Liked by 1 person

    • Hi, Anne. Thank you! 😀😀. Yes, photography does bring beauty into our lives. Sometimes I don’t look for it enough, but when I do, it’s wonderful. I hope all’s well. Enjoy the week.


    • Hi, John. Thanks so much! I must have taken a hundred photos in the basilica. But that one was one of my favorites. 😀😀. And the leaf was amazing! Have a good week, John. Looking forward to seeing your post, too.

      Liked by 1 person

    • Hi, Xenia. 😀😀. Many thanks. It was amazing. We’d love to head back to Italy, but we’re still figuring out the green pass requirements. It’s tricky for us because our proof of vaccination isn’t digitized….among other things. Take care too and have a great week.

      Liked by 1 person

  2. I would agree with the other comments, the Basilica photo is extraordinary in detail and it is awe-inspiring. How you say you view the world through your lens, with both optimism and realism, it shows in your photos. They are remarkable.
    It was an honour for me, to be able to inspire, so I thank again the Lens-Artists team for this opportunity.

    Liked by 1 person

    • Hi, Sofia. Thank you! The ceiling was awe-inspiring! It’s a struggle sometimes to be optimistic, but fortunately, that attitude has served me well during my life! You’re doing a great job inspiring us this week!

      Liked by 1 person

  3. Marvelous images this week Patti. I especially loved both the capture of Oxford and your comments about it. Loved your comment about being filled with happiness and wonder. I cannot imagine a better way to approach life.

    Liked by 1 person

    • Hi, Andre. Yes, you’re right! It does look Russian, Syrian….etc. At that point the Holy Roman Empire split into an eastern and western empire. Now, I’m wondering whether there was an eastern influence in the style of architecture/mosaics in the west? Um….interesting idea. Thanks so much for your thought-provoking reaction!!

      Liked by 1 person

    • Hi, Sarah. Yes, it is stunning! I’ve never seen such magnificent mosaics like that. It’s definitely worth a trip to see them. And the leaf…it’s huge! I had to capture it on a recent walk. I hope you have a good week/weekend. Take care.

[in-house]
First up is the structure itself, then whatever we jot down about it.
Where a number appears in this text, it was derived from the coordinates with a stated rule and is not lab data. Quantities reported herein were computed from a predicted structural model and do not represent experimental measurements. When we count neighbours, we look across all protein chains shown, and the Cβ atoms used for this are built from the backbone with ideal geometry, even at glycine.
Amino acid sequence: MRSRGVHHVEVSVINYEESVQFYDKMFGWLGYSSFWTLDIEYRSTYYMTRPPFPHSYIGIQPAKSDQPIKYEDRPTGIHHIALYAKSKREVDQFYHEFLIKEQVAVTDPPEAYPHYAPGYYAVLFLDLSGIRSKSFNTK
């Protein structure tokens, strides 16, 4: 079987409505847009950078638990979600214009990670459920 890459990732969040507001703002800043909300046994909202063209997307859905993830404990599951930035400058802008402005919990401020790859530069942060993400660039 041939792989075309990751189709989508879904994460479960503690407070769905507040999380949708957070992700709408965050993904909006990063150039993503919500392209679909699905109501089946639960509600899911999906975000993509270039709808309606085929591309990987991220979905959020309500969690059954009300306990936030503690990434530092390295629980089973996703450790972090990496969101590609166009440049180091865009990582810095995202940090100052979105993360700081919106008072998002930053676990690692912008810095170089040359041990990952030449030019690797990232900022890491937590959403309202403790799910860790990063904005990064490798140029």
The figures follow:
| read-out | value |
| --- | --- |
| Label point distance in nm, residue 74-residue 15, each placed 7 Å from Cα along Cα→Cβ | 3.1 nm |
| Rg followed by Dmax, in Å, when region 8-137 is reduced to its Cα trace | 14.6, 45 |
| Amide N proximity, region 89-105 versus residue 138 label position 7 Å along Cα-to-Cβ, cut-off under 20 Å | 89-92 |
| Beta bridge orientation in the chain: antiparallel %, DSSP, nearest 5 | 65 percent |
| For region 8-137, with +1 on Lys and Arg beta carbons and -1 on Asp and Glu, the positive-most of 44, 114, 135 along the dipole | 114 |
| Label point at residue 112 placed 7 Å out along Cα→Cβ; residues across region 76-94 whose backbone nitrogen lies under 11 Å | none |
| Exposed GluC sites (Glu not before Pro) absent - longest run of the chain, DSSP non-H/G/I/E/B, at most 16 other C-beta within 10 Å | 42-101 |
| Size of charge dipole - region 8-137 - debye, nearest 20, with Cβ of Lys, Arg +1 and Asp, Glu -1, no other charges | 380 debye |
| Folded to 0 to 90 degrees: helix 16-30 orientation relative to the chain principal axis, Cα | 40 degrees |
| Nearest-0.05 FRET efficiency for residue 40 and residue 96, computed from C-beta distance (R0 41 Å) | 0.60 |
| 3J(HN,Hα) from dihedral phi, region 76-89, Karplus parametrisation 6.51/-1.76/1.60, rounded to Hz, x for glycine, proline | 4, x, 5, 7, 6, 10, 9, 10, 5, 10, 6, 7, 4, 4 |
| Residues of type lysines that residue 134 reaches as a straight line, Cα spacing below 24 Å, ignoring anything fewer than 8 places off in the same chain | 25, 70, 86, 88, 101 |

Liked by 1 person

  4. Happiness and wonder – a great combination! Your photography is beyond beautiful and the text, comments all wonderful. A post to linger on and see again and again. Ravenna! I don’t remember much of my own visit in 1975. I would like to go there again.

    Liked by 1 person

  5. Hi Patti

    Those inlaid mosaics at the Basilica pf San Vitale in Ravenna are gorgeous. I very much appreciate your thoughts on being both am optimist and a realist. You strike a good balance that way. And this quote is perfect “Once you have tasted the taste of sky, you will forever look up.~ Leonardo da Vinci”

    Here’s my offering for this challenge, belatedly. It includes both a Heron and a Meteor – but not in the same photo. 😊

    Great Blue Heron and Meteor

    Best, Babsje

    Liked by 1 person

  6. Hi Sofia

    I liked your challenge so much I decided to participate again – I hope that’s ok! Your description of the craftsmen chiseling pieces of stone to fit the street mosaics harkens back to an earlier time when cultures valued the work of artisans. Same for your description of the Louvre as not just a place to see beautiful art, but a work of beautiful art in and of itself. I’m a new follower to your blog, btw, and am enjoying the many posts you’ve sent this week. Lovely photos, all of them.

    Here’s my offering, with what else? Photos of a Great Blue Heron…and me:

    Here’s Looking at You Blue Heron

    Best, Babsje